I usually think of it in the way that, to have relationships with certain people, we would have to make certain compromises. I think it's about whether we think we can make those compromises at all, and if we can, is what we get out of the relationship worth making the compromise for? Your friend C's response in many ways sounds quite supportive to me. As you say, she does seem well-intentioned and kind. I actually even agree with her that categories of orientation are artificial and segregating; however, of course, what she's missing is that that only happened because everyone was assumed to be and live a certain way, and the only way to get out of that was to be clearly different. It's not the minority being different who created the segregation, but the expectation that they'd be like anyone else. And your friend's opinion that the media is too biased: I can't help but be sympathetic to her, as that can only come from being fed that prejudice somewhere. That of course in no way means you should put up with that opinion if you don't want to. Some of the difficulties from C seem, to me, almost more religion-based than orientation-based. She seems to honestly believe that you would be better off if you believed what she did. If I remember correctly, you're Buddhist? A possibility, if you wanted to keep the friendship, could be to talk to her and ask her to respect your religious differences; that is, that Christianity is clearly very important to her and makes her happy, and you're pleased for her about that and wouldn't suggest to her that she changed, and that that's how you feel about your own religion, so could she not suggest that you change? If you wanted, you could draw a clear line that you value her friendship, but need her to not share her beliefs uninvited with you; and then see how she responds to that. I have to confess I didn't follow the youtube link; I'm not really in the mood for ex-gay talk. I, too, would be upset if someone asked me to a speech by someone about the ex-gay movement. It does seem to suggest non-acceptance of one's orientation, a hope that we would change, a belief that we Could change, and a belief that we'd be better off if we did change. I'm sorry that you had that situation with your friend, and afraid that I, personally, have nothing of any use to say to you about it, because if that happened to me, I don't think I'd deal with it very well. I wouldn't know what to do. It's very hard when someone claims to like us as a person but not like something intrinsic about us.
Member # 35643
posted 11-26-2011 03:06 AM
Hello Redskies, thanks so much for your thoughtful response. Regarding the compromises we make to maintain relationships, I've felt lately that my friendships are worth so much. It is hard letting them go even when there are significant differences of opinion.
This is how I basically replied: "My views on how sexual orientation comes about are not concrete and I'd rather not argue them. I agree that we are all free to choose our beliefs, faith and actions. As such, I am happy being Buddhist and also appreciate my religion's tolerant views regarding sexual orientation and diverse relationships. I can tell that you are happy and fulfilled in your faith and I hope I would never ask you to question that. At the same time, I really appreciate when my own considered beliefs are respected " Regarding the other friend who invited me to see the "ex-gay" speaker, I basically declined the invitation in a polite friendly way without explaining or justifying my reasons. I feel it's basically up to her how much she wants to push this issue with me. If it continues to come up, I'll have to rethink contact with her, which makes me sad I've previously found her to be a lovely caring person who has helped me with uni studies too.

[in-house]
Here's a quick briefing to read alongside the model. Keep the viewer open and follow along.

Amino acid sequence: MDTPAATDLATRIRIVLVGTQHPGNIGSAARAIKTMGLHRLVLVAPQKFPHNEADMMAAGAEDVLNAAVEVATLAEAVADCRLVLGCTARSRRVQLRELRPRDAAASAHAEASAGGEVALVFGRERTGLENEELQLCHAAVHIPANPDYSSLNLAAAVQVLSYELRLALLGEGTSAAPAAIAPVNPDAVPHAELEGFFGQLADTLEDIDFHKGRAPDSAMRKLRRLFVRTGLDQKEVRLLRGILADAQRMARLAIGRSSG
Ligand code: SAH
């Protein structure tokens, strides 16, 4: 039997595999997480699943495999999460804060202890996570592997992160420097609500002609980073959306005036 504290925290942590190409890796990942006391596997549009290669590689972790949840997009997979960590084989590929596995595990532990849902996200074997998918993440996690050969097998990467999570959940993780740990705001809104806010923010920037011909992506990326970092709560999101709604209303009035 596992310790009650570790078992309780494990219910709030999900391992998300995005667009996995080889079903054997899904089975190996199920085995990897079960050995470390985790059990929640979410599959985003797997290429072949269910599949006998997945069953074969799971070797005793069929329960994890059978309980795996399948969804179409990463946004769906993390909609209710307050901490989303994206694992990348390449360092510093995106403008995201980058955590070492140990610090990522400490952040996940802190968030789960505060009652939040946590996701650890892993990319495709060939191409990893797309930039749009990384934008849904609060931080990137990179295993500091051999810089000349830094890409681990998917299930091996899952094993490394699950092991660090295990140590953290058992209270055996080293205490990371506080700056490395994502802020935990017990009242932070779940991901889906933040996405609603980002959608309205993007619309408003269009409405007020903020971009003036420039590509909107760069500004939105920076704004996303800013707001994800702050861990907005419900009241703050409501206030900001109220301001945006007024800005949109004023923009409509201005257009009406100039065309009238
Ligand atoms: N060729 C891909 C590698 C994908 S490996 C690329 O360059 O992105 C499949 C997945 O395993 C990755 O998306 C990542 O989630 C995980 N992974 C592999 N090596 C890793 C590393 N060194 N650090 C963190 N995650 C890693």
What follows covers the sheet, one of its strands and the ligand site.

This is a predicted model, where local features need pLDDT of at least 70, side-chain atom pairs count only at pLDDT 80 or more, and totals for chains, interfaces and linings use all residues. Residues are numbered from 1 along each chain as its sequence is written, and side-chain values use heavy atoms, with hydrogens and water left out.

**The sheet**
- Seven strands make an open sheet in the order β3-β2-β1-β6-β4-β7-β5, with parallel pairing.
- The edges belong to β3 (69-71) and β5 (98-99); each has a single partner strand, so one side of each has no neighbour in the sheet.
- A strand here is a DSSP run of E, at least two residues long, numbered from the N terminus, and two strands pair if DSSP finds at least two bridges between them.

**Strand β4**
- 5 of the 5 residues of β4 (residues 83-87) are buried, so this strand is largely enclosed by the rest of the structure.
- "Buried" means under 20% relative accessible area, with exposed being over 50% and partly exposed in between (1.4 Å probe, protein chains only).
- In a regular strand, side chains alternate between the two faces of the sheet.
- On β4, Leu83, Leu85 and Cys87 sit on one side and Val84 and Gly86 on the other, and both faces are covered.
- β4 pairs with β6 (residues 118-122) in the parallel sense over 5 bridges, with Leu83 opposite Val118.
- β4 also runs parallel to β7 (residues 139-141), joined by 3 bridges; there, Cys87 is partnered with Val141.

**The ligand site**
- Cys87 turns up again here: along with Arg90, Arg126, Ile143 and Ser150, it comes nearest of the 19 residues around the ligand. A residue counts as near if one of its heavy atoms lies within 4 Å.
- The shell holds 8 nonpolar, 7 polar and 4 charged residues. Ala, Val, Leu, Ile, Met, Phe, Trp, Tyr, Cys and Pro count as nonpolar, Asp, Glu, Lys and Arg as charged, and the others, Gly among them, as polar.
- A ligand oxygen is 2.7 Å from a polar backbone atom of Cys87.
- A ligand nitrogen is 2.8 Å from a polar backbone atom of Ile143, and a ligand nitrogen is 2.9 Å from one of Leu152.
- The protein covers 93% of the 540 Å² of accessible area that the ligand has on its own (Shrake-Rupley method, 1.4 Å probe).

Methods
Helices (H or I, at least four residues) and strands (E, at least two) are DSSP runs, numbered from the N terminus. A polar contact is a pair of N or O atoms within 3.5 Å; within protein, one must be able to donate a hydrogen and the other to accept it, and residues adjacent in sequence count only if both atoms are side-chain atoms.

Member # 78235
posted 01-16-2012 03:39 PM
I feel sorry for your friend; I have to say.
To attempt shedding light on her situation, I'd like to mention some of my christian upbringing past. When I grew up a Christian, it didn't occur to me to question my faith until 7th grade, and after deciding to keep my faith, I didn't truly question it again until about six months ago. So basically, I've been fed messages from my church that I've almost without thought drunk into my own life for 16 years of my life, and this is what I've noticed; Ever since I was a tiny child in kindergarten, I was told to tell my friends in school about the 'Good News of Jesus,' and invite all my non-christian friends to worship, because if I didn't convert them, then eventually I'd be flying in heaven while they burned in eternal fire in hell. Basically, even only two years ago, I still had the mentality that a) being a christian solves all problems, including schizophrenia, homosexuality, and depression and b) making your friends christian is a life-and-death struggle that it's your job to save. I ended up sometimes /very/ pushy about my faith, until last summer when my camp counselor said that when I heard a voice in my head telling me it was okay to be a lesbian, that was Satan's voice. I suddenly realized that I had to break off from my specific church and cease to be a christian (my parents love this church very much and will never stop making me go to it no matter what), or believe that I was not actually a lesbian, and that it was Satan's influence over me. I chose to become agnostic. And now looking back on how I was, especially when talking about religion with my friends, I was as pushy as your friend without realizing it, because I grew up being told that God is the best thing in the universe and will heal all ailments, and if you don't believe in him then you're going to be tortured for eternity, no matter how much you try to be a good person in life. Your friend could easily just be concerned for your immortal soul, in her own boxed-in world.
Member # 3
posted 01-16-2012 03:44 PM
amberbydreams, what an incredible addition to this, and what admirable ownership and honesty of all that.
Just kind of sitting here utterly wowed by you right now.
Member # 78235
posted 01-16-2012 04:28 PM
Thank you very much! I just happened to have a life that had me see both sides of this argument personally.
Member # 35643
posted 01-18-2012 07:29 AM
Thank you for sharing your thoughts, amberbydreams
. I can't imagine what it's like to be told as a young person that your sexual orientation is "Satan's influence over you". You sound like a very strong person to have walked away from that and I hope you're feeling better about your sexuality nowadays. (I think my friend and I have reached a somewhat uneasy truce when she assured me that of course she respects my beliefs, and we haven't discussed religion OR sexuality together after that point.)
Member # 49582
posted 01-18-2012 08:01 AM
I'm so glad you and your friend found a compromise! I know what it's like to have friends with such different beliefs - it's a huge struggle. So glad it got better.